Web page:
Places Discussed

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Last Updated on May 8, 2015, by eNotes Editorial. Word Count: 554


*London. The major metropolitan area and capital city of Great Britain, London is also the fall and winter meeting place for the nobility and aristocracy of England’s countryside—people whose wealth derives from rents and not from work. The London of Maria Edgeworth’s novel is the London of the fashionable world and the primary setting through which she criticizes that world as mercenary, dishonest, dissipated. It is the London of spectacle, of theaters, operas, masquerades, balls, of “bustle” and “glare.” Throughout her descriptions of the city, Edgeworth emphasizes the glittering appearances which, like Lady Delacour’s mask as “the comic muse,” disguise the sordid reality of disease, disaffection, and dissipation.

Delacour House

Delacour House. Mansion in London’s Berkeley Square district that is the home of Lord and Lady Delacour. Here the beauty, wit, and wealth of London gather. However, these revels are merely a “spell,” a “thin veil” covering domestic misery. The house conceals a secret, in the form of Lady Delacour’s mysterious boudoir, a bedroom locked to all but her and her maid. The boudoir is not the haunt of vice but of disease; even as her wound eats at Lady Delacour’s bosom, the secrecy cloaking it—of which her boudoir is the emblem—devours her marriage. Notably, it is Belinda’s forcing Lady Delacour to open the locked door to her husband, to remove the veil and reveal her disease that ultimately restores happiness to Delacour House.

Oakly Park

Oakly Park. Stately country home of Lady Anne and Mr. Percival that is located near London. Even as Percival House, the mansion in Upper Grosvenor Street, London, is contrasted, in its domestic harmony, intelligent society, and rational pursuits, with the dissipation and dangerous secrets of Delacour House, Oakly Park is contrasted both with London and with the picturesque retreat of Mrs. Ormond’s cottage. As Lady Anne notes, Oakly Park and London are two different worlds. Oakly Park provides leisure for reflection and for noble pursuits; London is marred by vicious idleness and by “busy eyes and tongues,” whose gossip, like their opinions, is “idle and ignorant.” The estate symbolizes a balance between too-knowledgeable society and the too-innocent country.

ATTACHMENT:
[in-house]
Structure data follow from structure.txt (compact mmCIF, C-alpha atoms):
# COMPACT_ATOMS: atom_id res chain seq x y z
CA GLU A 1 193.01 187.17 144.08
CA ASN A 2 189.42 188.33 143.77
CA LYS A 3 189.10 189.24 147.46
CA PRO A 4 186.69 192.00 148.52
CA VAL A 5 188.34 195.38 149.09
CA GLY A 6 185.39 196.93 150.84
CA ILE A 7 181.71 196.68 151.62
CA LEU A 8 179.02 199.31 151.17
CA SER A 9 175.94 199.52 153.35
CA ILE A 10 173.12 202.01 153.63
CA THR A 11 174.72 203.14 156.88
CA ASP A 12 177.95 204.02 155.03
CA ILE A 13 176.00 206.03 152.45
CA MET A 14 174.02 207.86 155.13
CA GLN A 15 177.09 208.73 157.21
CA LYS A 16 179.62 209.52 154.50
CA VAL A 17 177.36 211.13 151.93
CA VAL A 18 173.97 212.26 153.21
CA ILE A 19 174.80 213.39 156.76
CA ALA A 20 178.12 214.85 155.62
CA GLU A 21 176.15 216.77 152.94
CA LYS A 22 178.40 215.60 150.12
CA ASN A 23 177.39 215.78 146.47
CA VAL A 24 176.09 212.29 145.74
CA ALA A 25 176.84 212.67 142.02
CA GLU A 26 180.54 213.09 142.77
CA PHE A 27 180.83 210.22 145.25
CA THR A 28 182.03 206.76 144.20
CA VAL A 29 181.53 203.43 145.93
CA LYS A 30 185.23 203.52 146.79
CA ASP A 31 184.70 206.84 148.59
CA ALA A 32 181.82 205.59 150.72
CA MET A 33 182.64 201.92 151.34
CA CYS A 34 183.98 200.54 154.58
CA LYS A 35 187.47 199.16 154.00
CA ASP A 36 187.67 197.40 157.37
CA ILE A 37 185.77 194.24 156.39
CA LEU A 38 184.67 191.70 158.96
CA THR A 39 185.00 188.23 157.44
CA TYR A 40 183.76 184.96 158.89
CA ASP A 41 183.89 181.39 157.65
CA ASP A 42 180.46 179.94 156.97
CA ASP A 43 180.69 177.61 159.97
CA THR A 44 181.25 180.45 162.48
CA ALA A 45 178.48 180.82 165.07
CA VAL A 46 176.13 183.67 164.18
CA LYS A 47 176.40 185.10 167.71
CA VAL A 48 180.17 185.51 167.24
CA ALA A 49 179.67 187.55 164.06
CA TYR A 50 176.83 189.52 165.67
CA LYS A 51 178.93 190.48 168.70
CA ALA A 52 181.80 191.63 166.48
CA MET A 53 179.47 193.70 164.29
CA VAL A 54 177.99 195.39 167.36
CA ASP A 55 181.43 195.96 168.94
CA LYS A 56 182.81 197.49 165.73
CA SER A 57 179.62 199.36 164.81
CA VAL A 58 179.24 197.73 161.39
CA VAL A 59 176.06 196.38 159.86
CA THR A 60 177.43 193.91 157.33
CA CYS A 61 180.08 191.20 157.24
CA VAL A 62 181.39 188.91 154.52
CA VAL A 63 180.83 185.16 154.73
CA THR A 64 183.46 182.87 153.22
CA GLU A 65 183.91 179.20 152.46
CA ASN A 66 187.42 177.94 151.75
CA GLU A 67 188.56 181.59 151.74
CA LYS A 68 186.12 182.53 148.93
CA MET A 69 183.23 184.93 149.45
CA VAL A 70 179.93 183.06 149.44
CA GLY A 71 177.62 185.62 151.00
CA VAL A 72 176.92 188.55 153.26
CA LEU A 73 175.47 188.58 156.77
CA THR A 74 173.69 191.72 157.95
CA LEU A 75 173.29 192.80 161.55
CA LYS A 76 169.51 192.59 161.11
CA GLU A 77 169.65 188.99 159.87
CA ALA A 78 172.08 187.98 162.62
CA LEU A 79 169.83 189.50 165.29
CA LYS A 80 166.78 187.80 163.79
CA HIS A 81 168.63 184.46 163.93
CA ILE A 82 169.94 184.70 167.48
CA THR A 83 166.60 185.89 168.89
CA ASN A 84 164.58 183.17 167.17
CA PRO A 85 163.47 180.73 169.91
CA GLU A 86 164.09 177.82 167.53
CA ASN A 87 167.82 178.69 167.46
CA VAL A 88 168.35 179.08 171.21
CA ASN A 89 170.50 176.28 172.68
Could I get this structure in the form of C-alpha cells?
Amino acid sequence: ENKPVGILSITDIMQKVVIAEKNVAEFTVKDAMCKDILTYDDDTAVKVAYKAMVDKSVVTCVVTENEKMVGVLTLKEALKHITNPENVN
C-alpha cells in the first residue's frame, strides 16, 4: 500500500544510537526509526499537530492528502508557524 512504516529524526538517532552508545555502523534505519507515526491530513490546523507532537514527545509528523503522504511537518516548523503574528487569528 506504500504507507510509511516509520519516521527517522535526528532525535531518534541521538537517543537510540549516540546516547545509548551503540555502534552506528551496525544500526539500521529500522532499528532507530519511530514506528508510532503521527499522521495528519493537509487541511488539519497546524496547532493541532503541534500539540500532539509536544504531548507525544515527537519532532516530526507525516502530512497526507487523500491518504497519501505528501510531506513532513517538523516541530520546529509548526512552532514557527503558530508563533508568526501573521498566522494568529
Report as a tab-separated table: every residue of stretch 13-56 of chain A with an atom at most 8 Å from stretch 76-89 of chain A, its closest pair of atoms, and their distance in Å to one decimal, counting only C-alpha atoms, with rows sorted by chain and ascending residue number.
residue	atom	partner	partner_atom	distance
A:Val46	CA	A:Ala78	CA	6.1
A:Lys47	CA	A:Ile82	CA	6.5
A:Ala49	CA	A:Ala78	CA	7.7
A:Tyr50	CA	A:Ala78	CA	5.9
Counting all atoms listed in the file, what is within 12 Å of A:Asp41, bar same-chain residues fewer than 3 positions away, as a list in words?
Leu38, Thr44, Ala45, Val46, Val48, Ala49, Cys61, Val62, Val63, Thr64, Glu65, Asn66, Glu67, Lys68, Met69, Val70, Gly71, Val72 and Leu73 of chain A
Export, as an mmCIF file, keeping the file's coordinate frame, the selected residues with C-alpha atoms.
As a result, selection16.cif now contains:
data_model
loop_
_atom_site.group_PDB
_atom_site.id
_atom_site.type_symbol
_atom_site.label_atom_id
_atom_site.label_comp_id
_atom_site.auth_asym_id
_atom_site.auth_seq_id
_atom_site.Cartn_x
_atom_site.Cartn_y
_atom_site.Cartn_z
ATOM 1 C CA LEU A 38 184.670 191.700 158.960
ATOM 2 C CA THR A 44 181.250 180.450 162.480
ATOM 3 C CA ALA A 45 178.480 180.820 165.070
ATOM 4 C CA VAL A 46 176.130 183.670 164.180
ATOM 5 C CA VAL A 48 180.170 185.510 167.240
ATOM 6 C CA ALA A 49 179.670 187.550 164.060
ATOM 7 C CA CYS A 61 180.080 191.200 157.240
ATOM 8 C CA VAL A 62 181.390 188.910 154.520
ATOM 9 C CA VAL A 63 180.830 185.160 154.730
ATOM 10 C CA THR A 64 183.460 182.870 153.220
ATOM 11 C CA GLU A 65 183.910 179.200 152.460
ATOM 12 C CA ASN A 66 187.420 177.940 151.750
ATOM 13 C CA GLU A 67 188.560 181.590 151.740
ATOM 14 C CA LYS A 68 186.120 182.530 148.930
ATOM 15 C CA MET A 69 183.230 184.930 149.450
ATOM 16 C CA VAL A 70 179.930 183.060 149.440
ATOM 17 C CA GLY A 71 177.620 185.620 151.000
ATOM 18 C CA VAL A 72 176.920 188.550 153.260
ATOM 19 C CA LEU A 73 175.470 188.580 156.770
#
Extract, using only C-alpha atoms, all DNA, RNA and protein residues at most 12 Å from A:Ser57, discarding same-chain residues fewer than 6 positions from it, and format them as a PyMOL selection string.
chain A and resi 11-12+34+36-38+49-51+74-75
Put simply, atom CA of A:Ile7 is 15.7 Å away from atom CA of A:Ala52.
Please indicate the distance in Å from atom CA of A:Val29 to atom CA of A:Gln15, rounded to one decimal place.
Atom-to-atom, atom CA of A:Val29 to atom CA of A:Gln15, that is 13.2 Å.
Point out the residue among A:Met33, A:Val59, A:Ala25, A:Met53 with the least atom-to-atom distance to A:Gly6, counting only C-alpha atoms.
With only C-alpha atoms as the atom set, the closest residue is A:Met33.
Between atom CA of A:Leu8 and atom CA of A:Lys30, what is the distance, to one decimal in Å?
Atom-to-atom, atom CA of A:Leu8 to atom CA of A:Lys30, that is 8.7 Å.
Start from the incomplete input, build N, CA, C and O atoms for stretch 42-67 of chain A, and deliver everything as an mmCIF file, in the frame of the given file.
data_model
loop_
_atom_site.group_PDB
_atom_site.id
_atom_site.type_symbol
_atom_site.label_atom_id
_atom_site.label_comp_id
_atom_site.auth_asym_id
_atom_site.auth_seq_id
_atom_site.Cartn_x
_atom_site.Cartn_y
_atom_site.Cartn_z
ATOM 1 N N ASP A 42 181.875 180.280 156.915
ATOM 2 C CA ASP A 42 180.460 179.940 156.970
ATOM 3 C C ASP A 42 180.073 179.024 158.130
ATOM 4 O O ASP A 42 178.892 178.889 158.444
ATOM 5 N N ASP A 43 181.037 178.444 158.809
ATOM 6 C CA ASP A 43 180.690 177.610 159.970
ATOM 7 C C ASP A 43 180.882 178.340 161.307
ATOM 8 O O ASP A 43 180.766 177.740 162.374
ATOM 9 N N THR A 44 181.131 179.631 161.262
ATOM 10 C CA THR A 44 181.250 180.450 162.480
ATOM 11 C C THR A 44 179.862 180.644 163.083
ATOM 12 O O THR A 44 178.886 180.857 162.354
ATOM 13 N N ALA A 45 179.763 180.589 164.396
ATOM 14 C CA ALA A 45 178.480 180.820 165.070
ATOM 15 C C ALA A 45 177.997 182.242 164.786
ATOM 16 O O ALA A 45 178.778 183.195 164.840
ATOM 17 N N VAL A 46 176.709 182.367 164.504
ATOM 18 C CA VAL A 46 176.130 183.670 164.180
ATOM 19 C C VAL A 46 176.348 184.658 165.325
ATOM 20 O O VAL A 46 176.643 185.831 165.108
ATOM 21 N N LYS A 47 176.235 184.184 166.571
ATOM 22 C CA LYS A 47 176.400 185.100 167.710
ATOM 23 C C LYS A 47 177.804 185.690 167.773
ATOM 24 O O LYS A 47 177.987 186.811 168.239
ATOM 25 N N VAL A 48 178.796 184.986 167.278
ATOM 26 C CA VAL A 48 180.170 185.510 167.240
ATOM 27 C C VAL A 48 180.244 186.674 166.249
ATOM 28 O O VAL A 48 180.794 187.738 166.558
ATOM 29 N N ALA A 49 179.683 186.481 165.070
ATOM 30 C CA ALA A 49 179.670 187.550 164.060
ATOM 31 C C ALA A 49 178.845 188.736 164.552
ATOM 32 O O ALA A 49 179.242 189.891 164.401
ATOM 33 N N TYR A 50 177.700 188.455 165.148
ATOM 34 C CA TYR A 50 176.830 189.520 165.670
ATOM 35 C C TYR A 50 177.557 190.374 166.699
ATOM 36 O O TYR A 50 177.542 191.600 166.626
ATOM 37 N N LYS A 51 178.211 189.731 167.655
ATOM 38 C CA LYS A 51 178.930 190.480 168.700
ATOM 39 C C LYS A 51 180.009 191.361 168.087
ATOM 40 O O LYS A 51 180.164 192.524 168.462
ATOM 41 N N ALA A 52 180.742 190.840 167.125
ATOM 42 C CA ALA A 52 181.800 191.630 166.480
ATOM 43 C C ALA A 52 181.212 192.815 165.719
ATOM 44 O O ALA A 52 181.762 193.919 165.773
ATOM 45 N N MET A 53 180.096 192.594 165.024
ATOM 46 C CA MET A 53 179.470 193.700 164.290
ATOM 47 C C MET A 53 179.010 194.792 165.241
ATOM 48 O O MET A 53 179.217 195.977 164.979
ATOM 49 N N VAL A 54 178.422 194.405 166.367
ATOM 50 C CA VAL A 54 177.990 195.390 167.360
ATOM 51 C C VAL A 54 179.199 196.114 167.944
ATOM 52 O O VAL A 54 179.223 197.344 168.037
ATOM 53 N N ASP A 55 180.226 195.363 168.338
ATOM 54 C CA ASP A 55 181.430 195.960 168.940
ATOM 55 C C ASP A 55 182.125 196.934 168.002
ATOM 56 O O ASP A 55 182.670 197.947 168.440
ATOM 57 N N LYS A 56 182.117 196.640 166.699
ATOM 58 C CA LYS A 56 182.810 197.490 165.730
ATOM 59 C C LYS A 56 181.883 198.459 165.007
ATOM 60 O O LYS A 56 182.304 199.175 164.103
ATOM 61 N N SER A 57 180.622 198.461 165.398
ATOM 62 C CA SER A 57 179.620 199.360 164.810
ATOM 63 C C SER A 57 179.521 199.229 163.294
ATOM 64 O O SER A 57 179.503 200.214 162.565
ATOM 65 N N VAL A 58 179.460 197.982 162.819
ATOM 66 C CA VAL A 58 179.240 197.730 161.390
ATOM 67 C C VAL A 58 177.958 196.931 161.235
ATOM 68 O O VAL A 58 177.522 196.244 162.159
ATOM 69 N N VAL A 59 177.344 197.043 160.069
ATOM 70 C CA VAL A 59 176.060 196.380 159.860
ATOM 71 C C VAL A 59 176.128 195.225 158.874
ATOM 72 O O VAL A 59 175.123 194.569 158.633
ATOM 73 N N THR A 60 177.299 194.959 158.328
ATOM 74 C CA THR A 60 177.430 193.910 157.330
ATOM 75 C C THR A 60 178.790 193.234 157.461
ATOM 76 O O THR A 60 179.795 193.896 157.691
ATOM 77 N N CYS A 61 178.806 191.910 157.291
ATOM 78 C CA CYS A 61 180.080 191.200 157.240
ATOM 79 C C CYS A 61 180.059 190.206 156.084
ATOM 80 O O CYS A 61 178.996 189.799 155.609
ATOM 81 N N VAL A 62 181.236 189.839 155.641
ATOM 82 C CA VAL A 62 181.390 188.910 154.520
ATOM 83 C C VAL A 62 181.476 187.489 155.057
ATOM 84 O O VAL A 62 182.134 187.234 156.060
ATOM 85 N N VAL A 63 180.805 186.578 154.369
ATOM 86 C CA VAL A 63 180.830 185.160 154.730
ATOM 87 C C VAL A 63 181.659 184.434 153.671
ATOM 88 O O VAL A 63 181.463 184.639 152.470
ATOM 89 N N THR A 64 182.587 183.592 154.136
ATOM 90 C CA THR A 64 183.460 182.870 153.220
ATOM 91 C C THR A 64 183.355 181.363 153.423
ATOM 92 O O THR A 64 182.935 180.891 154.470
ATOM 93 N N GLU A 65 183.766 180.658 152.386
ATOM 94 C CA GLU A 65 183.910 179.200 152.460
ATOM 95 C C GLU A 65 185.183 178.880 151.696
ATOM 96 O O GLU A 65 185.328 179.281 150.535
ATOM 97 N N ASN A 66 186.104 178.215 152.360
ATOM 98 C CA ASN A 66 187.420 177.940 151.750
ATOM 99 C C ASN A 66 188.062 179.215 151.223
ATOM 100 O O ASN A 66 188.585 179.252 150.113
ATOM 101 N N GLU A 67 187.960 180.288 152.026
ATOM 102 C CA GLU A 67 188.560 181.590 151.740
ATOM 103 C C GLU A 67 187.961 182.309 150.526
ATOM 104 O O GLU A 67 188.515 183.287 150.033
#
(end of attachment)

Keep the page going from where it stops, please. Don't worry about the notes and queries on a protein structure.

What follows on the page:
Mrs. Ormond’s cottage

Mrs. Ormond’s cottage. Small house with walled garden in Windsor, a country town immediately west of London. The site of the royal family’s Windsor Castle, it is a favorite summer retreat of the aristocracy. Here Clarence Hervey replicates the isolation and simplicity of the former New Forest home of his ward, Virginia St. Pierre (born Rachel Hartley), and her governess. However, this artificially rural retreat itself breeds a dangerous idleness that aligns the country with the city; without the common labor of honest country life, Virginia becomes caught up in novel-reading and romancing, in wild imaginings, which, like the wild gossip of Londoners, ultimately threaten Hervey’s happiness and her own.

*New Forest

*New Forest. Largest forest in England, which at the time the novel was written covered much of the land between the seaside towns of Southampton and Bournemouth. Here Clarence Hervey finds his child of nature, Virginia, living a hermitlike existence with her grandmother in a beautiful, glade, surrounded by beehives—a sign of honest country labor—and rose trees, the classic English symbol of cultivated nature and romantic love.


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Last Updated on May 8, 2015, by eNotes Editorial. Word Count: 187

Butler, Marilyn. Jane Austen and the War of Ideas. Oxford, England: Clarendon Press, 1975. The chapter on Edgeworth is a good introduction to Belinda’s treatment of women’s lives.

Butler, Marilyn. Maria Edgeworth: A Literary Biography. Oxford, England: Clarendon Press, 1972. The best biography of...

(This entire section contains 187 words.)

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Edgeworth. Has an extensive and thoughtful treatment of Edgeworth’s relationship with her father, which was very influential on her writing. DiscussesBelinda’s place in Edgeworth’s canon.

Johnson, Claudia L. Jane Austen: Women, Politics, and the Novel. Chicago: University of Chicago Press, 1988. Places Belinda in the context of the politics of the 1790’s and other novels of the period.

Kowaleski-Wallace, Elizabeth. Their Fathers’ Daughters: Hannah More, Maria Edgeworth, and Patriarchal Complicity. New York: Oxford University Press, 1991. Investigates issues raised by Edgeworth’s representation of women’s rationality and irrationality and argues that her treatment of Lady Delacour and motherhood is the core of the novel.

Mellor, Anne K. Romanticism and Gender. New York: Routledge, Chapman & Hall: 1993. Reads Belinda as a presentation of “the new feminine Romantic ideology” of “balanced feminism.” Extensive bibliography emphasizing women writers of the period, including Edgeworth.


Critical Essays